Write the structural formulas for these esters and name them Methyl EthanoateEthyl Methanoate How would you prepare the two esters above? Ethanol + Acetic Acid.

Esters may be saponified through reaction with a strong base. Predict the products of the reaction Give the structural formulas for isopropyl acetate and ethyl salicylate Isopropyl AcetateEthyl Salicylate Post Lab QUESTIONS Why was cold as opposed to warm water used to wash the aspirin you prepared? Cold as opposed to warm water was used to wash the aspirin as cold water would allow the aspirin to crystalize since in colder temperatures, aspirin is less soluble and therefore are able to crystallize and thus allow us to collect more of the aspirin in its crystalized form.

Hot water on the other hand would further dissolve the aspirin. Explain why you would or would not expect to observe a color change if FeCl3 were added to the following: Pure Aspirin Pure aspirin, which is acetylsalicylic acid, is not a member of the phenols class of compound since an OH group is not attached to a benzene ring, and for that reason it does not react with ferric chloride. Salicylic acid however, is a phenol and forms a purple colour when it reacts with ferric chloride.

Therefore it can be understood that if the aspirin is truly pure, it would not have any trace of salicylic acid (as it would be completely reacted) and thus have no colour change in the presence of ferric chloride. Oil of Wintergreen Oil of wintergreen, which contains methyl salicylate, would experience a colour change in the presence of FeCl3. This is because methyl salicylate is a member of the phenol class of compounds as its OH group is attached to a benzene ring. Phenols, when reacted with FeCl3 inhibit colored complexes, and in this case purple. Write the structure of products you would expect from the following reactions:

How would you prepare each of the following? Ethyl Acetate (two ways) 1) Ethanol +Acetic Acid (or Acetic anhydride) with sulphuric acid as catalyst/dehydrating agent CH3CH2OH + CH3COOH  CH3COOCH2CH3 + H2O 2) Tishchenko reaction – disproportionation of an aldehyde lacking a hydrogen atom in the presence of an alkoxide (basic salt derived from an alcohol with the hydroxyl hydrogen replaced with a metal, therefore has a negatively charged oxygen atom) to form an ester 2 equivalents of Acetaldehyde in the presence of an alkoxide catalyst: 2 CH3CHO > CH3COOCH2CH3.

Methyl Acetate 1) Methanol+ Acetic acid with inorganic acid as catalyst If your experimental yield of aspirin was greater than 100%, how could this occur? Your experimental yield of aspirin could weigh more than the theoretical mass if your aspirin product is not completely dry as you would therefore also be weighing the solvent and the moisture in the crystals. Furthermore, if the purification process went poorly, there may be some unreacted products in the reactants which you are weighing. Conclusion.

Based on the results of this investigation, we are able to see the similarities and differences between 2 different esters formed from salicylic acid, aspirin (acetylsalicylic acid) and oil of wintergreen (methyl salicylate) based on physical properties such as odour, appearance, colour and chemical such as their individual reactions with ferric chloride (which in fact tells us about its structure and classification). In the esterification with acetic anhydride, the resulting acetylsalicylic acid when in solid form is white in colour and is made up of tiny crystals.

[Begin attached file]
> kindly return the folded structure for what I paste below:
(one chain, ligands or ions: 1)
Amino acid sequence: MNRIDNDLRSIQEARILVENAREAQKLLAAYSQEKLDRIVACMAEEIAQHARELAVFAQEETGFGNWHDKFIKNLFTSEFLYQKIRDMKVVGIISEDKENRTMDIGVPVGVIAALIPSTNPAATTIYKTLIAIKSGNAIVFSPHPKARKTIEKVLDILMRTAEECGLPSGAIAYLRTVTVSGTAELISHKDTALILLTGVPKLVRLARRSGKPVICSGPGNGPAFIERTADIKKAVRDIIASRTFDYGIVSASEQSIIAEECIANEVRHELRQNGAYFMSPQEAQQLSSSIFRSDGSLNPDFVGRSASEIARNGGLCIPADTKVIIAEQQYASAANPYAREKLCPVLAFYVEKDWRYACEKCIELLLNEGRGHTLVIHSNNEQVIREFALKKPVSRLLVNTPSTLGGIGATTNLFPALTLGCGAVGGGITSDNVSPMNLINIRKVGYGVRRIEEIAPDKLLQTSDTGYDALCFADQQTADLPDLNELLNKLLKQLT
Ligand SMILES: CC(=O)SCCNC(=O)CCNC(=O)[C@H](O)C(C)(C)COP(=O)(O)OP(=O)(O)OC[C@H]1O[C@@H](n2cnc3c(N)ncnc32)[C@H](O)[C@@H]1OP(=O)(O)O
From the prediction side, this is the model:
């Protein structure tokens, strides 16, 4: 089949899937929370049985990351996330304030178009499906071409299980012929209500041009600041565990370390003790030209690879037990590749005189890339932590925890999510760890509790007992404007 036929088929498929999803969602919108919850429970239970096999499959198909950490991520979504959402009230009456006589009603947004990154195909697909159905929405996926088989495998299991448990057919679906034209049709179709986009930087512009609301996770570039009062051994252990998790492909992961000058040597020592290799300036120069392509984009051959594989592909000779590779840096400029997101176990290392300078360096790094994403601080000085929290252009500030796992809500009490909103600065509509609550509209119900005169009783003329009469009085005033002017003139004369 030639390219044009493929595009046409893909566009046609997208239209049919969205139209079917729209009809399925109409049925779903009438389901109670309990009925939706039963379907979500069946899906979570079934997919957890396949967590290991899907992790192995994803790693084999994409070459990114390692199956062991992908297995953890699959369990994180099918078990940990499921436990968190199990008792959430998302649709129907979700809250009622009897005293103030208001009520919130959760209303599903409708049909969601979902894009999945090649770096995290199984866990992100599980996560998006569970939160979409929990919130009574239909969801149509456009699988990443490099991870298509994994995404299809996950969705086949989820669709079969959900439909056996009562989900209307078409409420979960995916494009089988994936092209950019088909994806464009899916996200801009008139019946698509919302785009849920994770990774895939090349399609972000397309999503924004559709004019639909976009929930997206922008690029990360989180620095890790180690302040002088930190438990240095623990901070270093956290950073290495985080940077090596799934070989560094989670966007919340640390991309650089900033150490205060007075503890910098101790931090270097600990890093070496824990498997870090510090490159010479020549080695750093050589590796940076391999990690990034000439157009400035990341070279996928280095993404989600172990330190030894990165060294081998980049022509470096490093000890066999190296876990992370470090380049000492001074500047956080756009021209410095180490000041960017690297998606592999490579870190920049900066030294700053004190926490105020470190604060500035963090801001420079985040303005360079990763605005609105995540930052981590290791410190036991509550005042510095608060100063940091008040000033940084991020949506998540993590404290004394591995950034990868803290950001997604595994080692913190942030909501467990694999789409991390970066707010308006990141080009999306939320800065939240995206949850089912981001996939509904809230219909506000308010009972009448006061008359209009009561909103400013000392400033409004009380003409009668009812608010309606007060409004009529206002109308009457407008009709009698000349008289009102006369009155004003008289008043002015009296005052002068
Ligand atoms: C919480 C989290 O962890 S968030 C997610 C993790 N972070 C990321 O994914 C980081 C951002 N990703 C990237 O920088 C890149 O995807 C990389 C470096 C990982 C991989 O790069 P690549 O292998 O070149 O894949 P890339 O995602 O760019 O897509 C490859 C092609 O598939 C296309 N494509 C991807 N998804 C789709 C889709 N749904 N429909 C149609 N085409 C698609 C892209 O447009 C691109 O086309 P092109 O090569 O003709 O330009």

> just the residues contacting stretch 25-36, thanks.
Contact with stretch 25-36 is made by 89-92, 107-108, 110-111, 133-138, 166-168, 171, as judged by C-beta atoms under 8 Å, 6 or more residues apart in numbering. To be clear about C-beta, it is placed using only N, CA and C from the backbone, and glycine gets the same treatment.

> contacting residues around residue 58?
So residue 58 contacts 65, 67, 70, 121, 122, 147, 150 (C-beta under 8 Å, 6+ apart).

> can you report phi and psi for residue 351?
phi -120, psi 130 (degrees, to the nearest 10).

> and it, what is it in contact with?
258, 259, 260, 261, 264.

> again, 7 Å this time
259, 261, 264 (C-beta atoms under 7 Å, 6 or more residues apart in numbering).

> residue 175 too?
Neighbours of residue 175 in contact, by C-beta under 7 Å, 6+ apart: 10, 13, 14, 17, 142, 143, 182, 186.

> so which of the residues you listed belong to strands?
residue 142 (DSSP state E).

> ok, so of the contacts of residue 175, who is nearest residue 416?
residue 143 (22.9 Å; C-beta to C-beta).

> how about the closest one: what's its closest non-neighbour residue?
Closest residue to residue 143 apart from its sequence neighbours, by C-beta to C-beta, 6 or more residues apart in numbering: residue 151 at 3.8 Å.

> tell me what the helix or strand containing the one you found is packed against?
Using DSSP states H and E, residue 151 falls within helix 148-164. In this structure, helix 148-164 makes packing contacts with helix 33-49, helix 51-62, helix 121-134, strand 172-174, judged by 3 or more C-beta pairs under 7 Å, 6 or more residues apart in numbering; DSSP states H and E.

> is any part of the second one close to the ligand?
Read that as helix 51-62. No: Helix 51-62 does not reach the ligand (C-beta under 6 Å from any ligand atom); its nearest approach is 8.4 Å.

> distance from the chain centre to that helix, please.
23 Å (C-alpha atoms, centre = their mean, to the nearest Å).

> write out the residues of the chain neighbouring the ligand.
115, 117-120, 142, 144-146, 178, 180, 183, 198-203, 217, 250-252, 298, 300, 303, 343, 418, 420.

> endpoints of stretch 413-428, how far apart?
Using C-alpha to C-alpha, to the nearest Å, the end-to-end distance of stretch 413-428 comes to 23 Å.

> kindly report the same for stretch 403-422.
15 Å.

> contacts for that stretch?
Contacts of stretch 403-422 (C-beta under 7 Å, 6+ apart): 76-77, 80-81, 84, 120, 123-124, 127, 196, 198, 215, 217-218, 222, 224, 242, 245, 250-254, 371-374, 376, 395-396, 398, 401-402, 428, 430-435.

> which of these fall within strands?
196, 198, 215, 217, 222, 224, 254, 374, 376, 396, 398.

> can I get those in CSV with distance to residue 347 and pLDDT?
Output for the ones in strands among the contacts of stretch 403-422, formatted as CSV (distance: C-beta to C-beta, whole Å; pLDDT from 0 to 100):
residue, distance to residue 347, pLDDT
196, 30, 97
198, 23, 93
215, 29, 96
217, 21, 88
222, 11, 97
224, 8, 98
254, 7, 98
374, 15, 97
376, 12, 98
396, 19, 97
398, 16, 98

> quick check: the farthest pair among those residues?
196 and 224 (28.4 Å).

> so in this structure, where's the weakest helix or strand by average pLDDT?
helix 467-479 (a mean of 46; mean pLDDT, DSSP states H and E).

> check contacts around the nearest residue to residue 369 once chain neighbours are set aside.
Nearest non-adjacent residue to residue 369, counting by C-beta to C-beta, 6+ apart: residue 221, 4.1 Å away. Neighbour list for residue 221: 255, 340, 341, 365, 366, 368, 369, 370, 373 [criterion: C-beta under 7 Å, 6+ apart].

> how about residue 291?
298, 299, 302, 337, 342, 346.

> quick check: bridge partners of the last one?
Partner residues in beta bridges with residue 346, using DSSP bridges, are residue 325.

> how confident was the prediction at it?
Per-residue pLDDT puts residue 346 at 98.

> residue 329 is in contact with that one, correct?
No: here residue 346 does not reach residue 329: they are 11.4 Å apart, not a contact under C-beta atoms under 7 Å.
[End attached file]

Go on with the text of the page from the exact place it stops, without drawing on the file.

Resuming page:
When fully purified, these crystals do not react with ferric chloride. The methyl salicylate however, which was reacted with methanol do react with the ferric chloride and gives a purple colour which indicates that the benzene ring is attached to the hydroxyl group and has phenolic properties. The methyl salicylate also contains a minty odour but like the acetylsalicylic acid is white and is made of tiny crystals. All of these properties are found through observations made throughout the lab.

The process of creating these two esters are also similar in exception to the alcohol added to the salicylic acid (carboxylic acid) as in both scenarios sulfuric acid (an inorganic acid) is added to the flask with salicylic acid and the alcohol and said flask is then heated in a water bath. The solution is then cooled and filtered in order to separate the crystals from the rest of the solvent. This therefore emphasizes the difference which a single carbon atom could make in a reaction. Further looking at my results, it is easy to spot that we had quite a low percent yield of the acetylsalicylic acid at only 22.25%.

Comparing to other groups who had received percent yields upwards of 75%, it is quite alarming to see the difference. This therefore opens up the possibility that experimental error had plagued our investigation. The most logical error would be that the many of the crystals were not filtered out during the filtration process and were thrown out unknowingly with the solvent (acetic acid). It was most likely that this was during the 2nd round of filtration after the purification process as the first time around the aspirin was still at 2.45 g which would have been a still abysmal but higher 62% yield.

The reasoning for this non crystallization would most likely have stemmed from the fact that the solution was not cooled enough to allow complete crystallization (this was due to the time limit of the period) and since the ‘ice cold water’ had warmed up slightly due to the waiting process. This being said, the percent yield of the aspirin does not affect the knowledge and understanding gained from the performance of the lab.